As bloggers, one of the things we're told again and again is how important networking is. Whether it's through mixers, lunches, or conferences, the advice to “get out there and promote your blog” is something each of us has probably heard at least once. And while networking is very easy for some people, it's really, really hard for people like me. You see, I'm an introvert.
Introversion isn't a bad thing; it's just a personality trait. If you're unfamiliar with the term, introverts tend to be quiet and reserved. We like alone time, and going to parties or interacting with large groups of people can be tiring for us. Introversion isn't the same thing as shyness; it's simply a preference for solitary activities.
While preferring time alone is great is when it's time to write a blog post, it's less good when you need to go out and meet people. As an introvert, I constantly struggle with being more outgoing in social situations. I've not got it perfected yet, but here are a few of the things that helped me out. If you're an introvert, I hope they're useful to you too, and, as always, please share your suggestions in the comments!
Reach out to people you want to meet or talk to before an event.
All the nervousness I feel introducing myself to people naturally is multiplied roughly a hundredfold when I'm at a networking event. It can be difficult for introverts to make conversation in “busy” spaces, so I've found that reaching out to people in advance helps make things easier. Your introduction doesn't have to be anything long or complicated; a quick e-mail or even a tweet will suffice. I think of it as meeting before meeting. That way, when you reach the networking space, you “know” at least one person already.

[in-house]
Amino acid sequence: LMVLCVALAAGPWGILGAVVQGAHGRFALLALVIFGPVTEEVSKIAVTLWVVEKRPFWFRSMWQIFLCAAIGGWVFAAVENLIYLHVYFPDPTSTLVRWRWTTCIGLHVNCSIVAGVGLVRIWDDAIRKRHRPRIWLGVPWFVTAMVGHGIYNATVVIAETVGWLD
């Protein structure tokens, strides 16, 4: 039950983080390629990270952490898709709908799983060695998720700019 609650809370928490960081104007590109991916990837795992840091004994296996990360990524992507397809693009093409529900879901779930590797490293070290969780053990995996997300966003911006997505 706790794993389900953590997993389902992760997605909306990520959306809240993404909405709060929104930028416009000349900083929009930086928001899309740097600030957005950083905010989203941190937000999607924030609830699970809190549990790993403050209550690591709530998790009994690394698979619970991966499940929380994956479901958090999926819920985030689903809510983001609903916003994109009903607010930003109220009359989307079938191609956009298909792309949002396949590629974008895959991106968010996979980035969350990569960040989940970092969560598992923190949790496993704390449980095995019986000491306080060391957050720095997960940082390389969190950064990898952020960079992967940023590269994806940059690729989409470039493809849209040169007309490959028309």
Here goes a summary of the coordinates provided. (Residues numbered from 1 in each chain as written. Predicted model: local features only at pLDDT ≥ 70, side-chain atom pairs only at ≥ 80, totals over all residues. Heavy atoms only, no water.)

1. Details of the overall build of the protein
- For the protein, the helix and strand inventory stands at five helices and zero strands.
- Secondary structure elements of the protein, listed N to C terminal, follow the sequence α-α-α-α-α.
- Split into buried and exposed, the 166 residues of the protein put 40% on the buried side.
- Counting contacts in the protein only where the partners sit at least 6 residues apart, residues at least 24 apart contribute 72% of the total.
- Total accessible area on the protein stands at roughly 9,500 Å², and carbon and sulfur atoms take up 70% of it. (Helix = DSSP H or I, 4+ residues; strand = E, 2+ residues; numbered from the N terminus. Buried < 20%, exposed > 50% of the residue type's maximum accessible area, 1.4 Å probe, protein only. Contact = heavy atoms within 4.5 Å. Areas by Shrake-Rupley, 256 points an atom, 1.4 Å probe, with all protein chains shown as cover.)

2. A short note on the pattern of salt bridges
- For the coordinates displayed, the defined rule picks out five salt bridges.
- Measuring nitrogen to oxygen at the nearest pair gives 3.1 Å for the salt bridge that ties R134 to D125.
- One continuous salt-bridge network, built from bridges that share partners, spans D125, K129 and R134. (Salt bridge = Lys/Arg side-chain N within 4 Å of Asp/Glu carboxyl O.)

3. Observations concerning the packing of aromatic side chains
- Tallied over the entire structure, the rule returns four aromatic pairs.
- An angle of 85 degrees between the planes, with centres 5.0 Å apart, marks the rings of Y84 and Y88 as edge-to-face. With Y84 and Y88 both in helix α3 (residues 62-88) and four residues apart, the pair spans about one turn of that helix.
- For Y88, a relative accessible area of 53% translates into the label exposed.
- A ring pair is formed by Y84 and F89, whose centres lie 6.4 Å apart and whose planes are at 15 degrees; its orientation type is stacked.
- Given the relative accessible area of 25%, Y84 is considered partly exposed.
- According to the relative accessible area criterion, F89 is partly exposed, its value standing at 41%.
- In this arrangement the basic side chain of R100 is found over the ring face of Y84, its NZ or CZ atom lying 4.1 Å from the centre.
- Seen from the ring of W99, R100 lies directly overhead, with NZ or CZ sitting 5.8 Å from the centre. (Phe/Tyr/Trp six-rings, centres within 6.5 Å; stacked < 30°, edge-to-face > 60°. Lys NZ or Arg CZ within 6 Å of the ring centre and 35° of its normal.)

Prepare in advance for the event.
There are many different ways of preparing for an event, but this one is all about self-care. For me, event preparation means being more quiet than usual for a few days in advance of event, and also building in a “buffer” of alone time to decompress after the event. If you're an introvert, this kind of pre- and post-event planning is critical. You must make it a priority to recharge your batteries if you want to avoid burn out.
Set a reasonable goal for the event.
Another good word here would be an attainable goal. What “reasonable” for everyone varies, and even seemingly small successes are important. One possible goal could be to just stay at the event for an hour. Another goal could be to introduce yourself to three new people (or just one new person if three is too daunting). You can even set goals for after the event, such as contacting the people you introduced yourself to via e-mail. Setting a goal helps you focus on something other than your introversion, and gives you a reason to stretch beyond your comfort zone.
Bring a friend.
It's a funny thing, but I feel much less introverted when I'm attending an event with a friend. Just knowing someone there already can help you feel more relaxed, and that comes across in your body language and voice. Even better, bring an extroverted friend who's willing to play “networking wingman” for you and help make introductions on your behalf.
Appreciate your introversion.
Don't stress out about being an introvert or try to “fix” it. Introverts have lots of good qualities. We're great listeners. We're very observant. We're awesome at cultivating close relationships with people, and much more. Above all, remember that networking, just like anything else, gets better with practice. Once you start doing it, each event becomes easier and easier.
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